Minnesota goes ice cold on Bush

And that could be sunny news for Senate hopeful Al Franken.

Published May 16, 2005 8:23PM (EDT)

There's little doubt that if liberal author and radio host Al Franken goes ahead with plans to run against Bush pal Sen. Norm Coleman, R-Minn., in 2008, the GOP will pull out all the stops to block his path. Former Minnesota governor Jesse Ventura -- who knows a thing or two about going from celebrity to politician in the land of ten thousand lakes -- told Salon last month that Franken should "look forward to having his entire past exposed," because Coleman is "going to have the Republican machine behind him 110 percent." But according to a new Minnesota Poll conducted by the Minneapolis-St. Paul Star Tribune, that Republican machine is losing serious ground with Minnesota voters. President Bush's approval rating among Minnesotans has plummeted to an all-time low of 42 percent, down nine points since January, and 55 percent of poll respondents said the country "has gotten seriously off on the wrong track."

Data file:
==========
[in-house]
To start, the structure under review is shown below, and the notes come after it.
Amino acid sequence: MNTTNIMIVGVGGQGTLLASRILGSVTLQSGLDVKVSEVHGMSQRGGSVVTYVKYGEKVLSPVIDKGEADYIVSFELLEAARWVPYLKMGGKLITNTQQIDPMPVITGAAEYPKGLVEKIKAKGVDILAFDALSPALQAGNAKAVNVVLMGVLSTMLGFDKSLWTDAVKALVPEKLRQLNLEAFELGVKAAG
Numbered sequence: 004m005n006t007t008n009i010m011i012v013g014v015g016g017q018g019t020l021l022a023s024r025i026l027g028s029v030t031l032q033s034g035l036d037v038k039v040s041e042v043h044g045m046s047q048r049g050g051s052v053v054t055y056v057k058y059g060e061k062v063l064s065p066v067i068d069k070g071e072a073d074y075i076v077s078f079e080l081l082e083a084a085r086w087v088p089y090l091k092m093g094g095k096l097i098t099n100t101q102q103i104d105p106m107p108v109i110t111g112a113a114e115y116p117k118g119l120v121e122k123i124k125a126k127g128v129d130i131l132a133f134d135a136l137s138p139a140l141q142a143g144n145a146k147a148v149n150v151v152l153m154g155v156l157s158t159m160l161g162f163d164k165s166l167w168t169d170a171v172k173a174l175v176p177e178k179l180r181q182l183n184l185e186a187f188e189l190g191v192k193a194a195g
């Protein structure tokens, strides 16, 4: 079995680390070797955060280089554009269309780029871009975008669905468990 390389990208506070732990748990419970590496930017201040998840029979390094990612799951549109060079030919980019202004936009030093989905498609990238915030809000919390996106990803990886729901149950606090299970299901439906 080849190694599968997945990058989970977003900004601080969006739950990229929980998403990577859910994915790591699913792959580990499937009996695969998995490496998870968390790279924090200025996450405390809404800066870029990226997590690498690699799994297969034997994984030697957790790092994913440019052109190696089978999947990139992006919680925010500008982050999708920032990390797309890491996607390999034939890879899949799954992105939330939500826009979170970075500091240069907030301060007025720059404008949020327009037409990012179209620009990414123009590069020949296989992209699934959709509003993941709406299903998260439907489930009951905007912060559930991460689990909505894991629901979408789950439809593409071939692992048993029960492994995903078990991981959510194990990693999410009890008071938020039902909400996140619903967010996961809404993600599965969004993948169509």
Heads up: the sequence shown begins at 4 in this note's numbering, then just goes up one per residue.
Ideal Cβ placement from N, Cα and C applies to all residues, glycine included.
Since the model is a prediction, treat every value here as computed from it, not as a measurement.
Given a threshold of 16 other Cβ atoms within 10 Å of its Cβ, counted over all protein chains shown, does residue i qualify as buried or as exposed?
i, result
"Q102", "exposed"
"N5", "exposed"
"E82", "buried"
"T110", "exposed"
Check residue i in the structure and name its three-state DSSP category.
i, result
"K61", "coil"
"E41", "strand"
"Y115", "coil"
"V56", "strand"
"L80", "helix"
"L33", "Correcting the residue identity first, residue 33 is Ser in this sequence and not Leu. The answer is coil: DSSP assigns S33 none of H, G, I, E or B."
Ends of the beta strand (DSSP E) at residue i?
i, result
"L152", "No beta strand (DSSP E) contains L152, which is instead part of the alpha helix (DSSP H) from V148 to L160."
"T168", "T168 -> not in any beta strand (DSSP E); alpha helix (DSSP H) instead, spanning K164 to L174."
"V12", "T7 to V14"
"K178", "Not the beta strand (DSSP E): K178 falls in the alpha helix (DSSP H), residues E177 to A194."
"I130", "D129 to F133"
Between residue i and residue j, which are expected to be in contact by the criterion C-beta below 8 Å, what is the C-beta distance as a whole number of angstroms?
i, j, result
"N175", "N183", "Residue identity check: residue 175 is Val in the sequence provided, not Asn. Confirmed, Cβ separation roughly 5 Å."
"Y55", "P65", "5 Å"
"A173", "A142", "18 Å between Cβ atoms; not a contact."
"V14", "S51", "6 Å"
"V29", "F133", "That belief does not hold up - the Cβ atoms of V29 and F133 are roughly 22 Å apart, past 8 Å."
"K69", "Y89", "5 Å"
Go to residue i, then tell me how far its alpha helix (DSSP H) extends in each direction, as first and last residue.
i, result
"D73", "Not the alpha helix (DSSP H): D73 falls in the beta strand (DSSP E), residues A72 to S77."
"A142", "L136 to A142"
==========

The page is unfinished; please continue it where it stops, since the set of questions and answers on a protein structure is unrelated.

That's good news for Franken's potential candidacy, and it could be good news for Democrats nationwide, too. Minnesotans' feelings may be a good barometer of the national mood -- no president has gotten this poor a report card from Minnesota voters since George H.W. Bush scored a 32 percent approval rating in 1992, one month before he lost his reelection bid to Bill Clinton. Then again, the next round of congressional elections is more than a year off -- and there is still a long, hard thaw ahead before Dems get the chance to see any payoff on the president's poor ratings in 2008.

By Page Rockwell

Page Rockwell is Salon's editorial project manager.

MORE FROM Page Rockwell

Related Topics ------------------------------------------

Al Franken D-minn.